The Primary Illusion, Dukkha and Nondual Reality

“But a day comes when you have amassed enough and must begin to build. Then sorting out and discarding (viveka-vairagya) are absolutely necessary. Everything must be scrutinised and the unnecessary ruthlessly destroyed… Be passionately dispassionate – that is all.”

– Nisargadatta Maharaj


What obscures nondual reality and makes us perceive separateness?

When we’re asleep to the reality that separation is an illusion, our imagining, which is invariably colored by fear and desire, makes us think that never being enough or never having enough is the actual condition of life. This primary illusion not only shapes our experience, but it also becomes our experience, so we search for wholeness outside of ourselves within transitory people and objects. We become dissatisfied with our lot and feel lonely, deficient, and hopeless. Our glass is principally either half full or half empty of a bitter drink called “not-enoughness.” This obscures reality and we perceive duality – separateness.

According to Buddhist teaching, the human mind in its default state, which I call restless inadvertence, produces dukkha—“ unsatisfactoriness.” The mind-made world never meets our expectations because it’s a projection of our existential alienation and angst. Impermanence can’t bring total or lasting satisfaction. This was a transformative revelation for the Buddha.

Can the nondual reality be defined?

We need to distinguish what is real from what is unreal, to debunk the illusory. When we earnestly question this way, we unveil an inner richness. We’ve touched on one approach— “mindful negation” or neti-neti, which loosens the hold of the mind by declaring “I am not the body, I am not the mind.” Sri Adi Sankaracharya said that the Self is real and that the universe is unreal, but the universe is the Self. The universe is unreal because it’s perceived and as such, imagined. If neti-neti is the negative method, seeing Self in everything is the positive. The universe is one creative manifestation of the Self, and the body-mind you call you and yours is another, so, as the Self, you’re not limited to them and they don’t ultimately define you. Each finite expression points to fullness yet each cannot contain fullness, just as a single snowflake cannot capture the vast snow of Antarctica. Existence originates from you (as Self, or Brahman), exists in you, and will return to you, declares the Chandogya Upanishad (a Sanskrit text which forms a portion of Vedanta philosophy). In other words, all is you. This is the nondual reality.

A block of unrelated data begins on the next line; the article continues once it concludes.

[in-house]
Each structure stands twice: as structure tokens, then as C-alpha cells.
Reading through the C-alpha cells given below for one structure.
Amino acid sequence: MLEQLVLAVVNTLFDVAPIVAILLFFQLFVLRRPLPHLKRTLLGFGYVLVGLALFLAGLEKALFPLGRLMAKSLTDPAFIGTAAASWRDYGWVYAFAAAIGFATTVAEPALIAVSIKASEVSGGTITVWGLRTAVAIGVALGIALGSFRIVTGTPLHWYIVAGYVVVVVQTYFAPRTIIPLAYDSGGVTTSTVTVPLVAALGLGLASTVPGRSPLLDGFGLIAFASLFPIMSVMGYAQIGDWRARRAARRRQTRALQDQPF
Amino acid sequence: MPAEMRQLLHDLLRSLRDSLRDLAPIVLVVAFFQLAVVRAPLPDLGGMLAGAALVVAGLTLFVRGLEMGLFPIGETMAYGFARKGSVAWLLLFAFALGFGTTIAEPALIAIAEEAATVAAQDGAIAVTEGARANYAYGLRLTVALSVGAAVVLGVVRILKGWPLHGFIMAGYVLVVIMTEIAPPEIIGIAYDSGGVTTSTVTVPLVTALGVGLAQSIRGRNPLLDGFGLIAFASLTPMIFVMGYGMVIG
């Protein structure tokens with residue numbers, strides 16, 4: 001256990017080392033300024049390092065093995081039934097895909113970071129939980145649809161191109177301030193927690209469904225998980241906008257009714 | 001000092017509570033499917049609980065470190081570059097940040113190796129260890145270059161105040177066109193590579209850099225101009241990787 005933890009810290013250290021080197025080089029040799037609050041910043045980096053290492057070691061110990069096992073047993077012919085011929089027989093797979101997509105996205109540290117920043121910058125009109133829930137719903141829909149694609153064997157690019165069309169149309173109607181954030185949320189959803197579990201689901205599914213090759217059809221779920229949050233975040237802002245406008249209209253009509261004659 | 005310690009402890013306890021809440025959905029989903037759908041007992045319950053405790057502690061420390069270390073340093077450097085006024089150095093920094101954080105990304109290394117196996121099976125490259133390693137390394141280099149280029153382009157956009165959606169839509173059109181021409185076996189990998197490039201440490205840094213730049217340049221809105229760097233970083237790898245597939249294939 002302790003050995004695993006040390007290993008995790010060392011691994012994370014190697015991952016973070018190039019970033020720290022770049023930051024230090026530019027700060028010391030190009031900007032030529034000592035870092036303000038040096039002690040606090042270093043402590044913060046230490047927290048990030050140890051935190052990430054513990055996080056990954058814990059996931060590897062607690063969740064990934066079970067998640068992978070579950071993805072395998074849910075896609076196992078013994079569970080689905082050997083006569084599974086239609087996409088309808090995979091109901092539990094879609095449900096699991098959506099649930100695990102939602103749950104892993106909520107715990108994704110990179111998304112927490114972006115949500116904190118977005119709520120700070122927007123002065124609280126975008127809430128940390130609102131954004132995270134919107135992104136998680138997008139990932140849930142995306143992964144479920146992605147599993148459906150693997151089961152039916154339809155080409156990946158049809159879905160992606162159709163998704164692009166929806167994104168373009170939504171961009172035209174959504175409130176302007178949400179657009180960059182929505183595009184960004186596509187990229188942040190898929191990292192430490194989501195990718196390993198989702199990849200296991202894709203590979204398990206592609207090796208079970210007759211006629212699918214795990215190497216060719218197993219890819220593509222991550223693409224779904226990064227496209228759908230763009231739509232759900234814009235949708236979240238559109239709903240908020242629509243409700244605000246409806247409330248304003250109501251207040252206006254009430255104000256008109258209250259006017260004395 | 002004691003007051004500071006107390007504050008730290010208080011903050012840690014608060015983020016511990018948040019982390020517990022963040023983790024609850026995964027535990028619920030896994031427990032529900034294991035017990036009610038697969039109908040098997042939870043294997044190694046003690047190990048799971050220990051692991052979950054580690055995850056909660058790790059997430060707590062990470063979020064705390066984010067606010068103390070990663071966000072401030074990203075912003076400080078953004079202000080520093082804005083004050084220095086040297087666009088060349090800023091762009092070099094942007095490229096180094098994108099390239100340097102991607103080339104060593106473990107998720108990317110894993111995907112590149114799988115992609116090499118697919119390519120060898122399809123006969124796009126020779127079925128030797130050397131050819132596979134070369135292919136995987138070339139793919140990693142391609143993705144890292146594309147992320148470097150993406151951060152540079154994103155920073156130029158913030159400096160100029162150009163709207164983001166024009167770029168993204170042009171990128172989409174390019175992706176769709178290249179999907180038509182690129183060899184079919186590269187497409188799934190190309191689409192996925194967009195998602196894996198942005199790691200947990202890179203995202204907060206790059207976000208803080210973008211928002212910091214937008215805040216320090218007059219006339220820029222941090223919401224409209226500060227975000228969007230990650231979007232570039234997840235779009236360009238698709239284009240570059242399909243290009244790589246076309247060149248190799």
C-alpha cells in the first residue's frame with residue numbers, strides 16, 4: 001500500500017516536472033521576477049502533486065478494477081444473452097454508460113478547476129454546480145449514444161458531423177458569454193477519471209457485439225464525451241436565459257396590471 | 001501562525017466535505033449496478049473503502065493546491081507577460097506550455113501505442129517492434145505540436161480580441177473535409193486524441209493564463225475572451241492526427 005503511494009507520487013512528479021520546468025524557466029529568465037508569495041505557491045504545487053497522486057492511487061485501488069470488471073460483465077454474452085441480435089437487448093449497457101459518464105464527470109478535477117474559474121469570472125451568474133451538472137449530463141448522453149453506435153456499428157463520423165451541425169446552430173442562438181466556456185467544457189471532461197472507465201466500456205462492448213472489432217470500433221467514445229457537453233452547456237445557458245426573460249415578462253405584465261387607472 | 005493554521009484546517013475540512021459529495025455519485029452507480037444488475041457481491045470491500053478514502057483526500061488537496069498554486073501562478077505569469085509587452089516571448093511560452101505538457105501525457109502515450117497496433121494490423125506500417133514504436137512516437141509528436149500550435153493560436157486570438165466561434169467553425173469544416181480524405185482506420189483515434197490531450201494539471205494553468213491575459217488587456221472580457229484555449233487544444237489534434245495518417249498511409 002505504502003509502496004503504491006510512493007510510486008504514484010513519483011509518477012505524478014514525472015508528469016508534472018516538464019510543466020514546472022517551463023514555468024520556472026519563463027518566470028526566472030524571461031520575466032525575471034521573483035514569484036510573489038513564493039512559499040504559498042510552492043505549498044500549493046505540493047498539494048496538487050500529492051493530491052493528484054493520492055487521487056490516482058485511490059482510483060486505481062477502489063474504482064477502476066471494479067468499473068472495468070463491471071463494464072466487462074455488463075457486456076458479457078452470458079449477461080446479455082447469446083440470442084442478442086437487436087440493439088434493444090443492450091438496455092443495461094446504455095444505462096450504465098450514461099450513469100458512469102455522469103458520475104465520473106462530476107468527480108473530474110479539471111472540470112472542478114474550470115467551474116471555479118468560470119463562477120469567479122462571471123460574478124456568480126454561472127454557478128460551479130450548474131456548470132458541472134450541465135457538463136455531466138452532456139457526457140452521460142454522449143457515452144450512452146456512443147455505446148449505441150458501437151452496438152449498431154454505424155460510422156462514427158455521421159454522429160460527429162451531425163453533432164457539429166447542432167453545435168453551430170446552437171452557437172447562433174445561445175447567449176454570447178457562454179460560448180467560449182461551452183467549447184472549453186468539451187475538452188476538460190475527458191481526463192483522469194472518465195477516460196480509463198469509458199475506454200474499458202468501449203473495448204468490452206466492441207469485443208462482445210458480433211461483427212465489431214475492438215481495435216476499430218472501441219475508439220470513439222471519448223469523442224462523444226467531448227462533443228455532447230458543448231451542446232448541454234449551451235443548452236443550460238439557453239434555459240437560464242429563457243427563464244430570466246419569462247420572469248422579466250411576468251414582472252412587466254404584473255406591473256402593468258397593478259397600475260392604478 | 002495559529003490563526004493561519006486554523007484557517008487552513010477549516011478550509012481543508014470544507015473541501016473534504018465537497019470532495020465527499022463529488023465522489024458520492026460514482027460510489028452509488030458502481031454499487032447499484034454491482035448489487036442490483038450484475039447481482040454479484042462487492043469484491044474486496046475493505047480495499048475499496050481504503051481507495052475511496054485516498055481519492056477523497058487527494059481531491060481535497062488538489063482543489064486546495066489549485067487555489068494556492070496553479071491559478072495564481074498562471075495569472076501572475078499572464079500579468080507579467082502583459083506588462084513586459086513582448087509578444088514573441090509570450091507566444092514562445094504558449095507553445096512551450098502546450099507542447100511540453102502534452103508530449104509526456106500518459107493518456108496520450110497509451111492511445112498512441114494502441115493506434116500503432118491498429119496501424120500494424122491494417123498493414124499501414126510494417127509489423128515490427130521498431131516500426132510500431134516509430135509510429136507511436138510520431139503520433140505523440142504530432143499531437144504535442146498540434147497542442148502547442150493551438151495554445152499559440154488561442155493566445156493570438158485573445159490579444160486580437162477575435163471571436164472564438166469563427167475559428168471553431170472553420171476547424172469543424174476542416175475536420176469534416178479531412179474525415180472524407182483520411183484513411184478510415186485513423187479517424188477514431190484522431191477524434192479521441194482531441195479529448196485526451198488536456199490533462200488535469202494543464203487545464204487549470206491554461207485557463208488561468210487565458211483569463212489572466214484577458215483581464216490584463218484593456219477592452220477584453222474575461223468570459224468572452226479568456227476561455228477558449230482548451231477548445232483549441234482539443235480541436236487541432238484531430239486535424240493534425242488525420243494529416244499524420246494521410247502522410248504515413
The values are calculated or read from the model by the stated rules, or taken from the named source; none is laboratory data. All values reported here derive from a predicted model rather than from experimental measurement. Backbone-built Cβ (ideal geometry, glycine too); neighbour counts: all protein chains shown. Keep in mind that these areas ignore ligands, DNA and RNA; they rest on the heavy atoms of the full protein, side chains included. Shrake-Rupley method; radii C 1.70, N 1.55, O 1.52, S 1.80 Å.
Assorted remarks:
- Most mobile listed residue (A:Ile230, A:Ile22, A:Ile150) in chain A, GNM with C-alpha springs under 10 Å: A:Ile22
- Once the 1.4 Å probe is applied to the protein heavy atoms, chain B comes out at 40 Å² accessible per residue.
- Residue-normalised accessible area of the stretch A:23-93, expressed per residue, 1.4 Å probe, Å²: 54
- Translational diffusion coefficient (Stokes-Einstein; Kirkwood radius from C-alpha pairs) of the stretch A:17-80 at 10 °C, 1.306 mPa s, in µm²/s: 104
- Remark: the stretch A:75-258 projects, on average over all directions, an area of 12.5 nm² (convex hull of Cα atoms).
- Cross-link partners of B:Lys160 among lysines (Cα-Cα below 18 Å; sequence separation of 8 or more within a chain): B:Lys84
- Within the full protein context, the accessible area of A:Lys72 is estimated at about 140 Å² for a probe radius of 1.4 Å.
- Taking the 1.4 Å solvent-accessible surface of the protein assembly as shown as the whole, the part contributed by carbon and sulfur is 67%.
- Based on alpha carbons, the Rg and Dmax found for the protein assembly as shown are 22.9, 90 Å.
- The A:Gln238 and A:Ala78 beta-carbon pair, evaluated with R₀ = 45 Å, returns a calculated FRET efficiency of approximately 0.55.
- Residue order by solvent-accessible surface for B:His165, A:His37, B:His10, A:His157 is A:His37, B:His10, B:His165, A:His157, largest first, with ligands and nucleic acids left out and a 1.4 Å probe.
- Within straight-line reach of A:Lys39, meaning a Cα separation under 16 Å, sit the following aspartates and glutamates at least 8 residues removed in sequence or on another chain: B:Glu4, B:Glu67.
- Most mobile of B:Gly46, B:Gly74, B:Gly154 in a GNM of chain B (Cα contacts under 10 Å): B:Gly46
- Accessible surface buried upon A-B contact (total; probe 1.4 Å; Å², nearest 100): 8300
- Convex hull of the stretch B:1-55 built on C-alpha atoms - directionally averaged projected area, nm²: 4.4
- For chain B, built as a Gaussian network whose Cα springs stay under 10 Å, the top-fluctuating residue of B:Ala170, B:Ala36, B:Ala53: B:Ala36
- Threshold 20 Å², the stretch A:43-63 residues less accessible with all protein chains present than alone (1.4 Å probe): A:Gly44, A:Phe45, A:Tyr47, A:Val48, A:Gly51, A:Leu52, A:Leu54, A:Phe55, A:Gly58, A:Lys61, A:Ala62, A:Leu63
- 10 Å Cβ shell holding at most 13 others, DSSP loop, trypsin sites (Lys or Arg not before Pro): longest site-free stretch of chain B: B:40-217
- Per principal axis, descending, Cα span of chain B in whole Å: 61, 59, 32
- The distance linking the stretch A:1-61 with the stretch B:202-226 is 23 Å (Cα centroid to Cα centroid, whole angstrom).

Jean-Paul Sartre said that “existence precedes essence,” which has become the generally accepted motto of the existentialist movement. For Sartre, we have no predetermined blueprint; we simply exist, establish ourselves in the world, and only then do we define ourselves. Self-defining arises out of what we live, how we engage in the world. To exemplify this, the essence of a snowflake is water; a snowflake has an essence, but we don’t. This is why essence-based metaphors aren’t truly effective when attempting to explain our nondual reality. Self isn’t a material in the same way that water, gold, or wood are. Self can’t be divided, because Self alone is.

There are no valid means for comparison or distinction; we can’t compare two expressions of the same non-stuff. It just isn’t possible.

The dream was that you were astray from the universe; the reality is that you are the universe and there is nowhere that your Aliveness isn’t. All is you; therefore all is well.

From ‘Living the Life That You Are: Finding Wholeness You Feel Lost, Isolated, and Afraid’ by Nic Higham Amazon: